The CANMET Hydrocyclone: An Innovative Technology for theTreatment of Production FluidsKhalid A. Hashmi 1 and Hassan A. Hamza 1CANMET Energy Technology Centre – Devon, CanadaAbstractAs an oil field matures, water tends to become the dominant produced fluid. A large number ofproduction wells in the western Canada and the Gulf region are maturing, producing water cuts 90% orhigher. The treatment of these production streams and other oily effluents, including desalter effluents andslop oil, requires cost-effective, efficient, and environmentally friendly technologies capable of recoveringthe oil and turning out clean water suitable for reuse or disposal. In the past, treatment of these effluents(produced waters) was a relatively minor item in the design of production facilities. However, as a result ofincreased water production and more stringent environmental standards, it is now a costly component ofland-based and offshore production projects and an important environmental issue.Through research and extensive field testing at several Canadian oil company sites, Advanced SeparationTechnologies (AST) of the CANMET Energy Technology Centre–Devon has developed a newhydrocyclone that is specially suited for treating difficult-to-separate oily fluids, including production fluidsfrom aging wells, slop oil, and other oily effluents. The new CANMET hydrocyclone embodies a numberof unique design advances, including an adjustable overflow orifice and the capability to remove suspendedsolids in a separate stream. It also lends itself readily to on-line monitoring and control. The CANMEThydrocyclone was granted U.S. and international patent protection in early 1999.The new generation of hydrocyclones developed by AST offers an attractive alternative to conventionaltechnologies. The new design has already proved highly effective in treating heavy oil production fluidsand has demonstrated the potential to deliver significant cost savings when installed as a replacement forconventional treatment schemes. Under a collaborative program with Husky Energy, a CANMEThydrocyclone system was installed as a beta test site at the Husky Lloydminster oil refinery in January1999. The unit is currently processing about 500 m 3 /day of desalter effluent and its capacity may beexpanded to over 1000 m 3 /day.In this presentation, the main features of liquid-liquid hydrocyclones are discussed along with advances inhydrocyclone technology made by AST. The results of field testing of the CANMET hydrocyclone atwestern Canadian heavy oil operations are also presented, as well as the environmental and economicbenefits.INTRODUCTIONMeeting environmental regulations and maximizing economic gains in the recovery of oil from waste oilystreams (slop oil and produced waters) and maturing production wells having water cuts of 90% or higherpresents technological challenges for the oil industry in western Canada and the Middle East. Inconventional treatment systems, gravity-based oil separation equipment such as FWKO vessels, APIseparators, and settling tanks are used to separate the bulk of free oil, and filtration or dissolved-air flotationsystems are employed as polishers to remove residual oil down to less than 50 ppm, thus making the treatedwater suitable for disposal or reuse. Hydrocyclone technology offers an efficient and economicaltechnological solution to meet the challenges of high-water-cut production, and is also well-suited for thetreatment of other oily effluents and slop oil. In particular, the new CANMET hydrocyclone features thelatest advances specifically designed for these applications.Using a transportable CANMET hydrocyclone pilot test facility, the CANMET Energy TechnologyCentre–Devon (CETC–Devon) performed a number of successful field tests in cooperation with oilindustry clients. These field trials were focused on deoiling produced water and high-water-cut wellheadproduction fluids and the treatment of slop oil and oily wastes such as tank bottoms. The test results andThe Environment & Energy 2003 Conference 467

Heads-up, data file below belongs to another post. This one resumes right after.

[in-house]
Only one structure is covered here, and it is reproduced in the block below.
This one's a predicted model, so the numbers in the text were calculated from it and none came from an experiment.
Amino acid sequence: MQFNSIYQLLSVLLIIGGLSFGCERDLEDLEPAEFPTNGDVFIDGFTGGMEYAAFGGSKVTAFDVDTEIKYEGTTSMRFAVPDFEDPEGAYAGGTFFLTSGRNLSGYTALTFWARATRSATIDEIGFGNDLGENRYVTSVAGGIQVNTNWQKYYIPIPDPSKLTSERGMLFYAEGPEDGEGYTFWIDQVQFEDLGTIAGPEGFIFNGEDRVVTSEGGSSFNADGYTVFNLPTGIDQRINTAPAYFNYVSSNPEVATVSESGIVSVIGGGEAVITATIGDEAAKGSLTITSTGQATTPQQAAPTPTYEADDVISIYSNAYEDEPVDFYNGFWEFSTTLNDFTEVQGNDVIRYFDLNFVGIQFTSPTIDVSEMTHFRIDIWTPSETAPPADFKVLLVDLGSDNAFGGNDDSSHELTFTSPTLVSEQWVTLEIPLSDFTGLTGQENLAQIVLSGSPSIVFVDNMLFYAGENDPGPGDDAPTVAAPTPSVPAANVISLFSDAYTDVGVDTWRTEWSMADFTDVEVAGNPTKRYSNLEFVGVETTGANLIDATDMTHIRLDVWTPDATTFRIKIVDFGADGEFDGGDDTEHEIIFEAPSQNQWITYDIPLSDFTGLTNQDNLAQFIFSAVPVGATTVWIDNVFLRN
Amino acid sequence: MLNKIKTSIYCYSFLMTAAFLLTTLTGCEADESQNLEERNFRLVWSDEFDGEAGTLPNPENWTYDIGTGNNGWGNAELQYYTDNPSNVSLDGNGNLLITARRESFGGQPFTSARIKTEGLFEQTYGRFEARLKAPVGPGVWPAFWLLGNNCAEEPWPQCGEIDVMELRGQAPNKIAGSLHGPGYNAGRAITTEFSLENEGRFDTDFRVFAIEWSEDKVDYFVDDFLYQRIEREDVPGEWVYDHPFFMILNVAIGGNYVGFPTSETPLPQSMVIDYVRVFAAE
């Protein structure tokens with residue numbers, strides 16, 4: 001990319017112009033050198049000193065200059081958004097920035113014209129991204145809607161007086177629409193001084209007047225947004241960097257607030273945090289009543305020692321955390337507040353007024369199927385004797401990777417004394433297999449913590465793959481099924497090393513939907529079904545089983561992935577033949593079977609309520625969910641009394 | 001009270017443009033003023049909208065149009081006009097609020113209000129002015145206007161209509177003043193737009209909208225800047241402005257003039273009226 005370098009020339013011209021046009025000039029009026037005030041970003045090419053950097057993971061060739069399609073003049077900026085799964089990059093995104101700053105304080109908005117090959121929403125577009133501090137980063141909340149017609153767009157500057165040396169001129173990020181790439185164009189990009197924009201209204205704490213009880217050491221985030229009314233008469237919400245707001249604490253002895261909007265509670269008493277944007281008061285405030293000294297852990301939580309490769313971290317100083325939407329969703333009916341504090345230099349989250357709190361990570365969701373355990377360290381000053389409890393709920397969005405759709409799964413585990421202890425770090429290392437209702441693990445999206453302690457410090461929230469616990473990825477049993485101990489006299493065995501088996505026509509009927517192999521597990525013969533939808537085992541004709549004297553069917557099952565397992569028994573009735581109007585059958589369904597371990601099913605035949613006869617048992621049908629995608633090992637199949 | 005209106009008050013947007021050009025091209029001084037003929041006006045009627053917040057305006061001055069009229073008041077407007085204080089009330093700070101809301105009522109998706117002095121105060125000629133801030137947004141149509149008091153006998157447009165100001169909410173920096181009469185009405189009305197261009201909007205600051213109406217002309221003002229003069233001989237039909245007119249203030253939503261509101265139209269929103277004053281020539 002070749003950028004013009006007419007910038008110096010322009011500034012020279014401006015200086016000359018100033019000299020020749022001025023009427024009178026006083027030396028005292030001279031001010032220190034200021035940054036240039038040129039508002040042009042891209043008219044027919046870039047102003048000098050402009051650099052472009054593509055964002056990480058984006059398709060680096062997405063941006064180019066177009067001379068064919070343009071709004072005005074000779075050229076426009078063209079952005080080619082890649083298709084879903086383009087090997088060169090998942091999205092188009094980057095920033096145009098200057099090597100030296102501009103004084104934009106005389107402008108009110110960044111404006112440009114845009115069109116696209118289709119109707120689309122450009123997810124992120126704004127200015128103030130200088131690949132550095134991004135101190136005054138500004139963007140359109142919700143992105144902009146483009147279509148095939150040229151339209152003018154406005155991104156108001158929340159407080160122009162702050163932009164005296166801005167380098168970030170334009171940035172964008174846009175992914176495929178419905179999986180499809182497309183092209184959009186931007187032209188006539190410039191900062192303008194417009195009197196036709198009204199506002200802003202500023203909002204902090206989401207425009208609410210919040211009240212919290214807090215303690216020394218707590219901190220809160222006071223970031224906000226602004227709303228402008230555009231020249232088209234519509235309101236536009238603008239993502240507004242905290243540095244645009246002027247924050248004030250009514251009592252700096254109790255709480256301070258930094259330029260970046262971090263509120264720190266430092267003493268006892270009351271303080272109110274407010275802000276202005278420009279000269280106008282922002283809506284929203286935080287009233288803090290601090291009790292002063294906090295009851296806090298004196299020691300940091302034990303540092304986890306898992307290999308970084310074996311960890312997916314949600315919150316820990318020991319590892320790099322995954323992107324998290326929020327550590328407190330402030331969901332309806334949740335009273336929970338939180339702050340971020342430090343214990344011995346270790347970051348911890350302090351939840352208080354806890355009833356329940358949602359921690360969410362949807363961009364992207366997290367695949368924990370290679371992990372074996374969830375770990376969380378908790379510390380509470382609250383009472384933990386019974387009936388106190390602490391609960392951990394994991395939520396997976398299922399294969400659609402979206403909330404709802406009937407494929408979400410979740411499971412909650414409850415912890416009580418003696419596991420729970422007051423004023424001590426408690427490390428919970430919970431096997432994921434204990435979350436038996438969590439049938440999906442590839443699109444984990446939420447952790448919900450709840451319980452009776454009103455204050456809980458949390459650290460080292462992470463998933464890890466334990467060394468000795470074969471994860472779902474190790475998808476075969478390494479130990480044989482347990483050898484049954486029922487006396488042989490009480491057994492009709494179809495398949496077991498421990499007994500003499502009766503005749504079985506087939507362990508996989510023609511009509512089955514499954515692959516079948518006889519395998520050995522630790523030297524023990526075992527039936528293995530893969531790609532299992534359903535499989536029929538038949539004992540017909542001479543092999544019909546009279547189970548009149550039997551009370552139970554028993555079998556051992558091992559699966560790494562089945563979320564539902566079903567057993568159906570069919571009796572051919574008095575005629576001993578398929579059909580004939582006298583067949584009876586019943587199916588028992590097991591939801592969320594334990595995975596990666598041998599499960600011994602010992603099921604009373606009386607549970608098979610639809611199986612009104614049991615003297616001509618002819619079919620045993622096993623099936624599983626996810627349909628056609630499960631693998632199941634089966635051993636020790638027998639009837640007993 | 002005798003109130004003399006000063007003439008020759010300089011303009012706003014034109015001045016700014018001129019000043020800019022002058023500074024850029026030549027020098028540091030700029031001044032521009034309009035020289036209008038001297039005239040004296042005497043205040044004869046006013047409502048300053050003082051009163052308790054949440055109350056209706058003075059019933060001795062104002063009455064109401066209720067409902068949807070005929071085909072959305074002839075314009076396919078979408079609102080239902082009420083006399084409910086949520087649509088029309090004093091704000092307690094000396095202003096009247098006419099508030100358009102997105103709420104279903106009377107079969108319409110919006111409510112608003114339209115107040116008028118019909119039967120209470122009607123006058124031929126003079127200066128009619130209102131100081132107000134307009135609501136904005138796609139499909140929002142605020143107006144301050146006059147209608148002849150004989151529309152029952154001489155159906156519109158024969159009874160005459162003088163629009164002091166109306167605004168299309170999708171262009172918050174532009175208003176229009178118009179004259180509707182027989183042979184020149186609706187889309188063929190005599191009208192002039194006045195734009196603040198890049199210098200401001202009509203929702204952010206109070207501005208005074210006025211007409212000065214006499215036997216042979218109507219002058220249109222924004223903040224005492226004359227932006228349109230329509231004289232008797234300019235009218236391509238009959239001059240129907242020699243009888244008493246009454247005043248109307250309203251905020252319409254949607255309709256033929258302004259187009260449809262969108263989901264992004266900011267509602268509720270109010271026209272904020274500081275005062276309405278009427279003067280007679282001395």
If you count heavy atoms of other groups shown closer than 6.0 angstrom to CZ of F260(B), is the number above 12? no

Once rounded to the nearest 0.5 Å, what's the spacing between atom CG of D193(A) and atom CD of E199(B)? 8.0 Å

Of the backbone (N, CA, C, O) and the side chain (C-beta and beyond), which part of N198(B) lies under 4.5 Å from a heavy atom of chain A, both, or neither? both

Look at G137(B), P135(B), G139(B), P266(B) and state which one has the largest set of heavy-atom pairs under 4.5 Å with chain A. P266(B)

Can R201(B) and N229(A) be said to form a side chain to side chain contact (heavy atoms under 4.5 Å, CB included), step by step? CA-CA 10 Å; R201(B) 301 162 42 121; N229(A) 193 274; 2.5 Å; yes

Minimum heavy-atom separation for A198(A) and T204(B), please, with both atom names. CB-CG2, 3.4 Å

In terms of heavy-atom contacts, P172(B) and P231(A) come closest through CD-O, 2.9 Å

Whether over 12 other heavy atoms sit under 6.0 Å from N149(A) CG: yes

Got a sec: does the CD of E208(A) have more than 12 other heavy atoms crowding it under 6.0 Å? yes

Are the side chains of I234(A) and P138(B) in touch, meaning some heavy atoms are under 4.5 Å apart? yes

know-how gained by CANMET staff led to the development of innovative hydrocyclone designs and flowsheet configurations to meet the requirements of the heavy oil industry in western Canada.The new CANMET hydrocyclone design has already proved highly effective in treating heavy oilproduction fluids in the Canadian provinces of Alberta and Saskatchewan. This success has led to theinstallation of commercial-scale multi-hydrocyclone systems at the Husky Energy refinery and upgrader inLloydminster, Alberta. Other operators are considering the installation of CANMET hydrocyclone systemsin their operations.HYDROCYCLONE ADVANTAGESLiquid-liquid hydrocyclone technology offers unique advantages over gravity-based separation methods.Hydrocyclones produce centrifugal forces more than 500 times the gravitational force, resulting in muchmore rapid separation than conventional methods.• Elegantly simple in design – Hydrocyclones are highly compact and portable compared to theequipment they replace (FWKO vessels, skim tanks, etc.). Residence time in hydrocyclones istypically about 2 seconds compared to hours in conventional treatment units. It is easy to relocate ahydrocyclone system, offering a much higher salvage value.• Simple to operate – The absence of moving parts ensures a minimum of maintenance and downtime.Wide fluctuations in feed rate can be handled without serious effects on efficiency or oil recovery.• Environmentally friendly – Hydrocyclone systems are energy efficient and generate no wastes. Theyreduce heating requirements and readily accommodate the recycling of heated fluids.THE CANMET HYDROCYCLONEENHANCED PERFORMANCEDesign advances in the CANMET hydrocyclone give superior performance compared to conventionaldesigns. Figure 1 shows a working model of an available commercial (conventional) hydrocyclone. Asoil/water separation occurs in the hydrocyclone, the lighter (dark-coloured) oil phase migrates towards thecentre of the vortex to form an oil core that exits the unit via an overflow orifice located at the centre of theupstream (left) end of the unit. As can be seen in Figure 1, the conventional design produces an oil corewith a corkscrew shape. This off-centred oil core hinders the removal of concentrated oil from the unit,regardless of orifice size.In contrast, the CANMET hydrocyclone, shown in Figure 2, produces a straight, symmetrical oil core thatreadily exits through the overflow orifice. For an added degree of operator control, the advanced CANMETdesign also features variable orifice size to ensure efficient oil removal and the desired overflow qualityover a range of feed properties.Schematic and component drawings of the CANMET hydrocyclone can be found in the patent documents(U.S. 5,858,237 and International PCT/CA98/00403). The following are unique features of the CANMEThydrocyclone:Multiple inlet ports. Unlike conventional hydrocyclones, which generally have one inlet port, theCANMET version has two, three, or four ports, evenly spaced around the involute. This produces a morestable vortex flow and oil core.Adjustable overflow orifice. Changing the diameter of the overflow orifice during operation adds anelement of performance control.Solids separation. An attachment can be installed at the downstream end of the hydrocyclone to removesolids that would otherwise report with the water stream.Heating jacket. Hot liquid or steam can be circulated around the hydrocyclone body to reduce oilviscosity and increase separation efficiency.The Environment & Energy 2003 Conference 468